Love that doesn’t bite.

Growing up we almost always had dogs in our home.  I loved having them (except for picking up the poop).  3 reason come to mind as to why we love our pets.

1.  They reward us with a lot of affection with little effort.  My dogs where always happy to see me!  They never cared where I had been or how much trouble I had caused during my day.  Pets are fun to play with, tend not to hold grudges and very rarely bite you.  Because they tend to show this kind of unconditional love, they tend to enhance our self-esteem (think, “If my dog loves me… I most not be that bad a person after all!”)

2.  They provide an out let for us to nurture something.  Some people like gardening.  You start with a seed put it in good soil, water it, give it just the right amount of sun and plants will blossom or grow all kinds of amazing beautiful things.  But plants don’t tend to give us the same kind of affection a pet does.  But pets and gardening proved the same rich feeling that comes from nurturing (growing or maturing) something.

 

3.  Companionship.  Ever had a pet tell you they were to busy texting to sit with you?  Relationships with other people is risky business.  Even when we put a lot of effort into a relationships there is no guarantee the love will be reciprocated, especial in times of need.  Peoples attention spans are shrinking.  Few people have good listening skills.  Even with all the social media access we have, studies show that we feel more, not less, disconnected from others.

 

Our love tends to be more fickle than that of our pets.  People get offend and can bite you back.  Sometimes people will bite without us even provoking them!  Perhaps this is why people are increasing deciding not to get married or have kids.  It’s often more difficult to find affection, nurture others and find real companionship with other people than it is with our pets.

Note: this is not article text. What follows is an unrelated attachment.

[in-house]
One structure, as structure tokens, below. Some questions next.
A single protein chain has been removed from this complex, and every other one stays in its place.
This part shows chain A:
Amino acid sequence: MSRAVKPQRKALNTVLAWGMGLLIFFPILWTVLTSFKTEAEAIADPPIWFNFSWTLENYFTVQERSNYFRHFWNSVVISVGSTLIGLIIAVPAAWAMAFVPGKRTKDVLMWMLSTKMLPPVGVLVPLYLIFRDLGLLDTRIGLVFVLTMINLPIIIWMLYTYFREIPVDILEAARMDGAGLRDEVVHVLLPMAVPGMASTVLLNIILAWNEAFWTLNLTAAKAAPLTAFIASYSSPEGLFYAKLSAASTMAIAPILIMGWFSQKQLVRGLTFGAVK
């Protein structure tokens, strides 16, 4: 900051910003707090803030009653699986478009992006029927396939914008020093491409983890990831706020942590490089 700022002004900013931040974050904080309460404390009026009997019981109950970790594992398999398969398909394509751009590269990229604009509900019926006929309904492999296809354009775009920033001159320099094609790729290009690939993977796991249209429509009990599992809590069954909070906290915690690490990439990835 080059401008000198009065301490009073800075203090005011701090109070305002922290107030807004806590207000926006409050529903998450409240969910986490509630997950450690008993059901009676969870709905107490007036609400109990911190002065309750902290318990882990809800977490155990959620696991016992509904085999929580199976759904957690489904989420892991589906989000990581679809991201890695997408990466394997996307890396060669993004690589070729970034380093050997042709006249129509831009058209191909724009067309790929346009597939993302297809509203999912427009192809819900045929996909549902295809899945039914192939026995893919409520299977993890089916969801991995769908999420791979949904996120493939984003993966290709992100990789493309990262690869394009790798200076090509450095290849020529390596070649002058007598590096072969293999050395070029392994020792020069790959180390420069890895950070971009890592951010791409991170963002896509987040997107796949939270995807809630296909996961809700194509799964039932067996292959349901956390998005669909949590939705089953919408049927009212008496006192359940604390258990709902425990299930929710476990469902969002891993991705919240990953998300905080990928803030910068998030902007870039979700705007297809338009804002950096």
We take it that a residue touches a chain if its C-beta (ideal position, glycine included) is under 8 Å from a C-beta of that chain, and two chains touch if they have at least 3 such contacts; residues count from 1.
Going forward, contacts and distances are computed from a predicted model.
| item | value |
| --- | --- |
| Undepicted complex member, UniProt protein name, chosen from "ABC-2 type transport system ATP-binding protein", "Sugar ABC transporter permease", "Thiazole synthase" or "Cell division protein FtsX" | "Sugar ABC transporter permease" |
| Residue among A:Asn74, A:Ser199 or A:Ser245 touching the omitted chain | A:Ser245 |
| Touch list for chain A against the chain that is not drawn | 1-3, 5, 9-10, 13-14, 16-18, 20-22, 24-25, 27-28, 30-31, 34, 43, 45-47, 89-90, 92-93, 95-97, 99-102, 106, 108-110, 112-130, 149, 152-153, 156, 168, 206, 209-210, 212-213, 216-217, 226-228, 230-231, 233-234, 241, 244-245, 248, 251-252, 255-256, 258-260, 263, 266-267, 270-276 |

Last week the Pope addressed this issue by telling people they ought to raise kids not pets.  Pope Francis said, these marriages, in which the spouses do not want children, in which the spouses want to remain without fertility. This culture of well-being … convinced us: It’s better not to have children! It’s better! You can go explore the world, go on holiday, you can have a villa in the countryside; you can be carefree. It might be better — more comfortable — to have a dog, two cats, and the love goes to the two cats and the dog.”

Likewise C.S. Lewis, commenting in his chapter on “Affection” in “The Four Loves” recognizes the easy of which we give pets affection instead of humans, “Those who say, ‘The more I see of man the better I like dogs’–those who find in animals a relief from the demands of human companionship–will be well advised to examine their real reasons.” (pg. 53)

 

Dennis Prager is one of my favorite social commentators.  He wrote an article about Pope Francis comments that are worth reading here.

 

 

 

One thought on “Love that doesn’t bite.

  1. I take care of people’s dogs quite often and I’m amazed at the TLC we as the human race give to these animals and I think this post is spot on in describing some of those reasons why we do. The need for affection and companionship is innate and dogs seem to be the answer many people find to that unmet need in their lives.

    Maybe we as a society are relationship deprived? But maybe even more so, we are feeding our deprivation by not engaging with the messiness of relationships? But why? Why do we consider it more worthwhile to raise a dog, but not a child? Why do we consider it more worthwhile to isolate ourselves than engage in true meaningful relationships with people who will make mistakes, will hurt us, and will challenge us?

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